Friday, November 13, 2020

Another Villanelle

The form continues to fascinate me (I have done a book of villanelles, Brimstone, that stretch back to the early 1990s though they are mainly of the last decade), as it has since first reading William Empson’s ‘Missing Dates’ in my late teens and memorising it. I have my problems with Empson these days for a variety of political reasons (mainly to do with his ‘monarchist’ tendencies, which seem so at odds with his anti-imperialist socialist attitudes), but as with Dylan Thomas’s ‘Do not go gentle into that good night’, the rhythms of his ‘Missing Dates’ (much more than ‘Villanelle’) are residual for me. But even when a faint echo of Empson's ‘remains’ occurs in one of my villanelles (as in ‘space remains’ in the villanelle entry a couple of postings below), it can only exist as a critique of the/his figurative, of the abstraction, because of the real-time necessities of poetic protest and activism. Poetry always needs to ‘do work’ for me, even at its most subtextual and ‘implying’. The new villanelle included here is of an interstice of physical harm — to forest, and literally to myself. The pastoral as literary stylism devolves into acts of presence and responsibility, with rhythm always slightly disrupted (or ‘ruptured’) and repetitions making a declarative as well as ‘haunting’ iteration.

Villanelle of Pastoral Vertigo: growing block universe?

after seeing yet more forest turned to individual house plots down in The Hills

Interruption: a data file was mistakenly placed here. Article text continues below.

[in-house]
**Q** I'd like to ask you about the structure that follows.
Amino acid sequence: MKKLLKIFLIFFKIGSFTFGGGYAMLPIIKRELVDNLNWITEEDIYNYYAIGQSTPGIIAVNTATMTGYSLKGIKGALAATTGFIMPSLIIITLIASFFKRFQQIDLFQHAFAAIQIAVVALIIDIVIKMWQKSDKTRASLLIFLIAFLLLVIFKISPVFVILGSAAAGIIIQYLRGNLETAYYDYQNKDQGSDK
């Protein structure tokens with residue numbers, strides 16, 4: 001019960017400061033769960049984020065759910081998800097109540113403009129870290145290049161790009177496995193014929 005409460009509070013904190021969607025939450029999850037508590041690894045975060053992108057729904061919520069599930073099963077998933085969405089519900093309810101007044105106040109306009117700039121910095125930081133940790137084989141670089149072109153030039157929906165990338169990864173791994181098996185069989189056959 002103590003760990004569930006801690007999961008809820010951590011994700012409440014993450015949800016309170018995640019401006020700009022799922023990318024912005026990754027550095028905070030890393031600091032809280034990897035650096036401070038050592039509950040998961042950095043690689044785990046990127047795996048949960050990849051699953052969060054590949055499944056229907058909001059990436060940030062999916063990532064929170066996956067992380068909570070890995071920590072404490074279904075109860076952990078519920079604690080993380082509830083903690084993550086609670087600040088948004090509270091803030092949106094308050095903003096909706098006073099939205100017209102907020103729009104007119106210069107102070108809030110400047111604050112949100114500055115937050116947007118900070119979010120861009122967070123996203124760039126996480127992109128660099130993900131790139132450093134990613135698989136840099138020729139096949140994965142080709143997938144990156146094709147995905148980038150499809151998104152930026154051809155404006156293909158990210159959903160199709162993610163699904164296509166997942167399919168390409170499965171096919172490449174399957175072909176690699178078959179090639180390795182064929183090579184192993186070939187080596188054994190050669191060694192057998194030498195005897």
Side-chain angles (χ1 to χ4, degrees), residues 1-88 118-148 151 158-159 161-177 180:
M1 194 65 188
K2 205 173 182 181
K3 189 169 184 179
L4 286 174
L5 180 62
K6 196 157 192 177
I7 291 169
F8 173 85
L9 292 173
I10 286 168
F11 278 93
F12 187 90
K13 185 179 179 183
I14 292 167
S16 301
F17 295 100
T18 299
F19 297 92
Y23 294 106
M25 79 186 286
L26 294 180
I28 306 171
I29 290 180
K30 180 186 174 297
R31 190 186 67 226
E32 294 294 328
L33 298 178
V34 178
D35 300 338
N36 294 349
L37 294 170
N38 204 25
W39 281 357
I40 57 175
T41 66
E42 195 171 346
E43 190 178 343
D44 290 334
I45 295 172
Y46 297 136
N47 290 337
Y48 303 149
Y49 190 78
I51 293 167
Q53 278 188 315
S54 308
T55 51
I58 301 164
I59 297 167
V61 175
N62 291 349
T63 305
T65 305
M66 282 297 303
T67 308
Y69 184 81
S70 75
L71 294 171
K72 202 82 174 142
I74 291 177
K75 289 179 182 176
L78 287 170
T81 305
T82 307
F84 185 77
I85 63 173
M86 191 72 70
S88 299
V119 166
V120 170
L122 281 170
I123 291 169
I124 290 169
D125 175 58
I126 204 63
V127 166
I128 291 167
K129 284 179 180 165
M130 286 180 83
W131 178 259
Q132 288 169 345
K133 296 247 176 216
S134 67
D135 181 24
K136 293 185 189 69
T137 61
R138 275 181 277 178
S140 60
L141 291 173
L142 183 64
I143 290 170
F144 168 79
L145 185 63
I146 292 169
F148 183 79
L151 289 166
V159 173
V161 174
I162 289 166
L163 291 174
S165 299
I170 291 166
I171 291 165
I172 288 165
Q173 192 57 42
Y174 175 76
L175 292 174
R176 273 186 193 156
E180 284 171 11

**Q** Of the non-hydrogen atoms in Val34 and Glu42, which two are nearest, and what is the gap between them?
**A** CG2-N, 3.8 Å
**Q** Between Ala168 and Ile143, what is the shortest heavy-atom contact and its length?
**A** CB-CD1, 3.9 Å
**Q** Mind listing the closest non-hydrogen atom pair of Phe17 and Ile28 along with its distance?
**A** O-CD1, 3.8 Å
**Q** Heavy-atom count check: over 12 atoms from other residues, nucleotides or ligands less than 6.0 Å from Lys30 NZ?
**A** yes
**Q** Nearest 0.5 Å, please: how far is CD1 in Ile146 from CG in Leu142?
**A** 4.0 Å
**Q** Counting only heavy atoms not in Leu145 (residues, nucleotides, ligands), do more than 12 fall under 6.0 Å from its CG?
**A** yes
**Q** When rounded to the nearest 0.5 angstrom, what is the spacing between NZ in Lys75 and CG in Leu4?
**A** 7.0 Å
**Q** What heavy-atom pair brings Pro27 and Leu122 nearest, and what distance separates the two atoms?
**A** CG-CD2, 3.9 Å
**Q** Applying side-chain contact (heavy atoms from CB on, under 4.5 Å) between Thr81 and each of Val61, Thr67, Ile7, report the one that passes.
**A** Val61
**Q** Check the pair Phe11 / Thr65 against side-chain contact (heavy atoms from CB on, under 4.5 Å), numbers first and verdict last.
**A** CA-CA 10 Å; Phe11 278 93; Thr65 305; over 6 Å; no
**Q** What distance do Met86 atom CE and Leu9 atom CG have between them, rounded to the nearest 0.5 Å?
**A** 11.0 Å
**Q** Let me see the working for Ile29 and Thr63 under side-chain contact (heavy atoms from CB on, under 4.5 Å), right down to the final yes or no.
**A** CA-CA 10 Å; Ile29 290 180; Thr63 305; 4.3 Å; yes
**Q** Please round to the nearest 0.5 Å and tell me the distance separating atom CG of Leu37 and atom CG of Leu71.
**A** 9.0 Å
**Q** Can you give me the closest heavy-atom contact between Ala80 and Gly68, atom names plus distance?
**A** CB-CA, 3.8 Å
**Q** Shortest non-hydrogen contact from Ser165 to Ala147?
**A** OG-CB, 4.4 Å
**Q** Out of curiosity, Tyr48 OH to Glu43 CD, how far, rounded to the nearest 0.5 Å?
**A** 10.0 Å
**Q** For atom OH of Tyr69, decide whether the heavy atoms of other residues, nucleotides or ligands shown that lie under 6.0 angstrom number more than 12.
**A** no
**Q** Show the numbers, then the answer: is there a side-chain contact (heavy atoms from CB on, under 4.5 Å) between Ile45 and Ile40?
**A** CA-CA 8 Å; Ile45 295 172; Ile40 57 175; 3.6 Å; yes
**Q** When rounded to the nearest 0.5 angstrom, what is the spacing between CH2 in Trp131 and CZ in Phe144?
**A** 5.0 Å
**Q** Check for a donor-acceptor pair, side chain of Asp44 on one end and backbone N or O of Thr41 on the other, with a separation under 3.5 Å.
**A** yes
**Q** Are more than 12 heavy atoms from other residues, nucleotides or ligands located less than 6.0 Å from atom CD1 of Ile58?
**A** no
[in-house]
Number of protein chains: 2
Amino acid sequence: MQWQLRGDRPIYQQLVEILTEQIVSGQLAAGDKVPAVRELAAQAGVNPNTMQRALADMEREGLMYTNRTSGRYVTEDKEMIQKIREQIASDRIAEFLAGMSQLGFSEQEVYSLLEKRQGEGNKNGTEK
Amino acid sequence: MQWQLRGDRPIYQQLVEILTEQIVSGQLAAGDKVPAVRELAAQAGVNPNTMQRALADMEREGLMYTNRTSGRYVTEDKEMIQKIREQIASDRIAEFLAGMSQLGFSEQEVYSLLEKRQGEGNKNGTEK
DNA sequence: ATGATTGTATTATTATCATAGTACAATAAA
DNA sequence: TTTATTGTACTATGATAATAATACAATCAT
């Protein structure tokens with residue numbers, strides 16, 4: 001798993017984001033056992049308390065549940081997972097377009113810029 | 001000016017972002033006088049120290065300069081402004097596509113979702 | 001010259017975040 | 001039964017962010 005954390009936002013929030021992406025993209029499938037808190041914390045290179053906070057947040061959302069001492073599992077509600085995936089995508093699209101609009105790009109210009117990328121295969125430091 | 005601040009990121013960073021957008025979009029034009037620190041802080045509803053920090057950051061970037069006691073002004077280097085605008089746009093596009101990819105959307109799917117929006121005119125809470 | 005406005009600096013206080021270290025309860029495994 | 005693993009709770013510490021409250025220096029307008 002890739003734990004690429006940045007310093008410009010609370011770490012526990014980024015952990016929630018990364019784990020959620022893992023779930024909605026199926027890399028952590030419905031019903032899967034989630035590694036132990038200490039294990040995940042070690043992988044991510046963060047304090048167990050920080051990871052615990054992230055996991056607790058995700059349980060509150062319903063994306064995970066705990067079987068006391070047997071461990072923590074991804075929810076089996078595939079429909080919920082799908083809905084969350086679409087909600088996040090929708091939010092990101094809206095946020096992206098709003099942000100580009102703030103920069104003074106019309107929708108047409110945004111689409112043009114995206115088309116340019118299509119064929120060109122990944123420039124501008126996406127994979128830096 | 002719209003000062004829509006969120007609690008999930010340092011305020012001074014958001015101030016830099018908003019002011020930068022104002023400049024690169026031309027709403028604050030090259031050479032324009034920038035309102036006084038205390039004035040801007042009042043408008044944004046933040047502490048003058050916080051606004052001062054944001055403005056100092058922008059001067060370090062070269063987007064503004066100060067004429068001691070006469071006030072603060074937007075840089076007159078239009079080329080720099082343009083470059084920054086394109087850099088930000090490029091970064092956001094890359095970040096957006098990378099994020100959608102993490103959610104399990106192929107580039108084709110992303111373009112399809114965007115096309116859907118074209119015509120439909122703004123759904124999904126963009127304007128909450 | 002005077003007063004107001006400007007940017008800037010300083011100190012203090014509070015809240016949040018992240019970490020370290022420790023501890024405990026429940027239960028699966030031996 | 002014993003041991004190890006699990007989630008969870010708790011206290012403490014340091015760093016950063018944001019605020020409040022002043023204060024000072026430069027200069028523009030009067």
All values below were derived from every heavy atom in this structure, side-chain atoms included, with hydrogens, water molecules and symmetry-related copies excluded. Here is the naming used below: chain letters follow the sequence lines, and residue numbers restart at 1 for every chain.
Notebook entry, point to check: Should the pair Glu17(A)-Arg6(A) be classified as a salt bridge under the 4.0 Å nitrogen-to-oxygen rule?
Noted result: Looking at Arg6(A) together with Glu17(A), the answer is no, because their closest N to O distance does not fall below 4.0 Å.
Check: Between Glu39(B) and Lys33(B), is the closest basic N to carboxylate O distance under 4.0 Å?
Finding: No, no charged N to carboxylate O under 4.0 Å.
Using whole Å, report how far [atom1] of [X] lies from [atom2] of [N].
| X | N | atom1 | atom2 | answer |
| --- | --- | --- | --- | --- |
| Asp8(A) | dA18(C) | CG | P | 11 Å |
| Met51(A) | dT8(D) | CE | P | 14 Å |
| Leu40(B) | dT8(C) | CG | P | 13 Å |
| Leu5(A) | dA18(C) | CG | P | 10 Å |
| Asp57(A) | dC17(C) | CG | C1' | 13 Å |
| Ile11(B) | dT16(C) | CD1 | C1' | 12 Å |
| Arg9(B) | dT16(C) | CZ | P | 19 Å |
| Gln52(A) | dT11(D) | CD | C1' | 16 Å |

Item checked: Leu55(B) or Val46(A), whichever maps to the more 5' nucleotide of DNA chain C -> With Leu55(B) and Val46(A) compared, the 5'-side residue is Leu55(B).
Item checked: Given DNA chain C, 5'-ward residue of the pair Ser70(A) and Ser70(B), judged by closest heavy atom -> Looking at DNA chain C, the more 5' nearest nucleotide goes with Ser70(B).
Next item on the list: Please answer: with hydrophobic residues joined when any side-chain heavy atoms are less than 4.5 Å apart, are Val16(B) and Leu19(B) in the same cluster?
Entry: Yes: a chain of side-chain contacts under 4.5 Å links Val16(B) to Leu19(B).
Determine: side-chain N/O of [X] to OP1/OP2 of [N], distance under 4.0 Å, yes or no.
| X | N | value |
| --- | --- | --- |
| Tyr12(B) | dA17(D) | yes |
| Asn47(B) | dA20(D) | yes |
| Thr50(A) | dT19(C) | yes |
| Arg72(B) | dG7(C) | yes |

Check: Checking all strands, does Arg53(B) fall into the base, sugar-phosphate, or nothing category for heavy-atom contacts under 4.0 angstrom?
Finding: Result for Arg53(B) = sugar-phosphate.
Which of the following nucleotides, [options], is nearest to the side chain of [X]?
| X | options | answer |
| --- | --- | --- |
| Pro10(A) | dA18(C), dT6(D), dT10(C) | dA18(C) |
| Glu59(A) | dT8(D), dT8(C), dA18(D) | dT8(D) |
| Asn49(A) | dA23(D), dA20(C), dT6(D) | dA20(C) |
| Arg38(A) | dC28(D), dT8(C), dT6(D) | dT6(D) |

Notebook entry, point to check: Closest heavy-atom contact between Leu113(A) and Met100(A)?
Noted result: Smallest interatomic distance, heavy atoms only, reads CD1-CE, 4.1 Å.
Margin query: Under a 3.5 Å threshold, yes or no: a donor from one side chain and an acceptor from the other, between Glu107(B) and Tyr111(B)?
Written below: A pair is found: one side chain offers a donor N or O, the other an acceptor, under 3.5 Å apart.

I am recovering from injuries

accrued while working now on the block (replant/de-‘block’) —

next year, for me, its labouring and saving trees.

But tree-deaths have outrun theories,

tree-deaths have outrun plantings and root-stock,

and I am recovering from injuries.

In a half-baked etiological spotlight that frees

developers to carve up and insert domestic

roots — contrarily, next year its labouring and saving trees.

It’s as if a house was and will be always,

but only last week it was forest full of its offspring — last week —

and here I indulge myself recovering from injuries.

This vertigo that comes on fast lays

a course through mixed-use zones that leak

into next year as we labour to save trees.

The urban pastoral visionaries reach deep into varieties

of rural demesnery — see bush and grow dizzy! — tall tree = haystack —

I am recovering from injuries,

next year its labouring to save trees.

    John Kinsella